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Friday, December 9, 2011

Getting it right

The Mormon Eagle's motto states, "It is better to represent ourselves than to be represented by others".  Media outlets of all kinds have had their fill of Mormon stories this year, what with the high-profile candidacies of Governor Mitt Romney and Ambassador Jon Huntsman, Jun. for President of the United States.  But, alas, some still intend to feel it is right for others to represent the Latter-day Saints than for the Saints to represent themselves.

At a conference held in Washington, D.C, on Thursday, Michael Otterson, managing director for LDS Church public affairs, said, "Define us by who we are and by our central beliefs rather than who we are not or by obscure or irrelevant beliefs" ("Journalists urged to let Mormons define selves", Deseret News, Friday 9 December 2011, A1)."  He said that getting it right will be difficult, especially when covering the religions of the world.  However, he said "it is possible to get it right if we acknowledge two things: the importance of going to the source, and the pitfalls of stereotyping" (Ibid., A10).

If one wants information about who Joseph Smith really is, he should go to the Book of Mormon; if one wants to know about the inner-workings of the House of the Lord, let him go to many of the Temple Visitor Centers scattered throughout America; if one wants to know our policy on education, look no further than  And so it is with a myriad of other topics.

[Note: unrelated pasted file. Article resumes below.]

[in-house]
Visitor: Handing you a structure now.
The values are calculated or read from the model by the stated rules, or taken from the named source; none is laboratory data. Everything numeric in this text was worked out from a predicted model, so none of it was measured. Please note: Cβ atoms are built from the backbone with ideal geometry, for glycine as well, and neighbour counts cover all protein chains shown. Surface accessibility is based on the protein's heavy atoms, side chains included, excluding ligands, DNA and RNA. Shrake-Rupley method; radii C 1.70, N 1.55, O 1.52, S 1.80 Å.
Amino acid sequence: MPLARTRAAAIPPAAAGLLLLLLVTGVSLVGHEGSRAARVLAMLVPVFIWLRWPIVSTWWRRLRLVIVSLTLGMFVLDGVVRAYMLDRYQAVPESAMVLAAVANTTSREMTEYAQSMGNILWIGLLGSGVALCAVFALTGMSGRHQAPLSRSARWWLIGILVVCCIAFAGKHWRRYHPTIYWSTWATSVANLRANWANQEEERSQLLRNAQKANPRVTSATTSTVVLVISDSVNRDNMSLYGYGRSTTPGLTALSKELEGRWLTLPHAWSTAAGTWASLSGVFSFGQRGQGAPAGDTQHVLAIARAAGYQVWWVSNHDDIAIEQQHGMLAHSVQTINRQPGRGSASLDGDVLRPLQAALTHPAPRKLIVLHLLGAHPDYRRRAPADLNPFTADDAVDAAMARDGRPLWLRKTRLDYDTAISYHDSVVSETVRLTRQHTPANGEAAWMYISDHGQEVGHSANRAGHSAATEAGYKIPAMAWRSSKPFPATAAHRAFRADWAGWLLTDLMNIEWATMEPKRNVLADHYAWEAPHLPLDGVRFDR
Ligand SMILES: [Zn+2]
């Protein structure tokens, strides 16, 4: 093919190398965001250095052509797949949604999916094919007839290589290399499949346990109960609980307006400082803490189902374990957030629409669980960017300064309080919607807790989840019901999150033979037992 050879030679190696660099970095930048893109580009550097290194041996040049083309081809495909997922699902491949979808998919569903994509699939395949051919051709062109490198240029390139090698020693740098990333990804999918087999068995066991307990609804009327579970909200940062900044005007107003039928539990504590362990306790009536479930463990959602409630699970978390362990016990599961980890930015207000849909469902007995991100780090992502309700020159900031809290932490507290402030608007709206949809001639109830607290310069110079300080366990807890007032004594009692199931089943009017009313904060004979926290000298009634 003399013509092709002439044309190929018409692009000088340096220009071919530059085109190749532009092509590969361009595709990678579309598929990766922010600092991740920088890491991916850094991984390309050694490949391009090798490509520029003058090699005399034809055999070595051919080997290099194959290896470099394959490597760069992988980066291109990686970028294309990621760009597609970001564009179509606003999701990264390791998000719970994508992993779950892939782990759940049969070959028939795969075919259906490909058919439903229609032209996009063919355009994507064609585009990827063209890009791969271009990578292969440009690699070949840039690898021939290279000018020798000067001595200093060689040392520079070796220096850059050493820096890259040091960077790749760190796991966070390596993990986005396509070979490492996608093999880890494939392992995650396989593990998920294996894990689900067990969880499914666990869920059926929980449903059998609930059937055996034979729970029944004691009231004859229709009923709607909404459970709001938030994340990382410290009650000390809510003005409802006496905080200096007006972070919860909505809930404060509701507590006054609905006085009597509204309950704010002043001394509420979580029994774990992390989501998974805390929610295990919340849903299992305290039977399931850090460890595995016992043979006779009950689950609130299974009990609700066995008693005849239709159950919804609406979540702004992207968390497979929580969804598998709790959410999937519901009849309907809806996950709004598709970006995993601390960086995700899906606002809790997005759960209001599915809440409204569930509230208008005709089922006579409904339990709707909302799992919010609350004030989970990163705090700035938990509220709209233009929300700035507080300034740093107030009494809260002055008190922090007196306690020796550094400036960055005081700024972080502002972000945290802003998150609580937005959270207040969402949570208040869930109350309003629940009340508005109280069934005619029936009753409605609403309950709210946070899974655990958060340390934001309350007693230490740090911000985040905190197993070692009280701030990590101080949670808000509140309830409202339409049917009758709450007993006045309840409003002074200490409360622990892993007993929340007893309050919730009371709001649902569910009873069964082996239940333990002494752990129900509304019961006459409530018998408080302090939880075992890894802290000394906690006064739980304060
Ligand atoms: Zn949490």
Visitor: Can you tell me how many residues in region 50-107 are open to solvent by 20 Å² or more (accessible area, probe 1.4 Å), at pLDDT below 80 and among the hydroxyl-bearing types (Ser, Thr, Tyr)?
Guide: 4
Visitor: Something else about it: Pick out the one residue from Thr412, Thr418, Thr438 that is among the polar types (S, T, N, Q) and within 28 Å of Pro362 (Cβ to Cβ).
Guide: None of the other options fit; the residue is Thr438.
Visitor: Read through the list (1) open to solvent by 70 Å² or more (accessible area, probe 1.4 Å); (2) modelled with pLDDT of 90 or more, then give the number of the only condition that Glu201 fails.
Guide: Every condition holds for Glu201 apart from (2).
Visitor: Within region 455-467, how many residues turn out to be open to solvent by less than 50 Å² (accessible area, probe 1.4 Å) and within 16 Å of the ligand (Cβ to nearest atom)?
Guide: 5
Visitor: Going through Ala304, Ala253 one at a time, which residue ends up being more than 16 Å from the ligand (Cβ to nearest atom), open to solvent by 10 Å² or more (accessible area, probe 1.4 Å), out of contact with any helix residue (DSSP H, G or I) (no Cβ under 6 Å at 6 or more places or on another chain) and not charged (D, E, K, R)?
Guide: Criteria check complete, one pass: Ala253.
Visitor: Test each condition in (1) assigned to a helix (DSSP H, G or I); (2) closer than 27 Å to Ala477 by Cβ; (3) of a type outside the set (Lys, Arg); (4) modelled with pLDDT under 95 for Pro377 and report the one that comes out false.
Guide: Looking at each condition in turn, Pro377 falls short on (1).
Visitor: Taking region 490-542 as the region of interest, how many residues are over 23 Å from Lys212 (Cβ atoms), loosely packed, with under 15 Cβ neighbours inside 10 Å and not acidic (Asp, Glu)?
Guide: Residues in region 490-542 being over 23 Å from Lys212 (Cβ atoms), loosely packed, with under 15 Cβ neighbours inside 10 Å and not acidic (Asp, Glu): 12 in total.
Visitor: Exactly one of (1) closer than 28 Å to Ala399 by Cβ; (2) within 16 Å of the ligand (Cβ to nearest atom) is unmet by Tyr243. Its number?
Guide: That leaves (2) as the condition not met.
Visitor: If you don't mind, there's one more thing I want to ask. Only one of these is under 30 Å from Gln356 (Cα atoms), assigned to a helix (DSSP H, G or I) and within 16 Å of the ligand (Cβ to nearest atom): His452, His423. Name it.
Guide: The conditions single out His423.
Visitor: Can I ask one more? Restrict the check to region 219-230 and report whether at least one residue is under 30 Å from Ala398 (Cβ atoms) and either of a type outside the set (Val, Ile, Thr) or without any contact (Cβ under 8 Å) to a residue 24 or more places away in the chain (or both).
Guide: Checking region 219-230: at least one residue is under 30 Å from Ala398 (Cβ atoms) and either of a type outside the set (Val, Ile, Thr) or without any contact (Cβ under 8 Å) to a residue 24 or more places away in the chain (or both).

If one wants to know in Whom Mormons believe, the importance of making the Source of Righteousness the defining standard in our lives cannot be overemphasized.  If He is our example in all things, then our non-Mormon friends will come to the active Latter-day Saints for information concerning The Church of Jesus Christ of Latter-day Saints.  Better than mankind drink from the Fountain of Life than to drink from the sordid, misinformed, and often bigoted stereotypes of the world.

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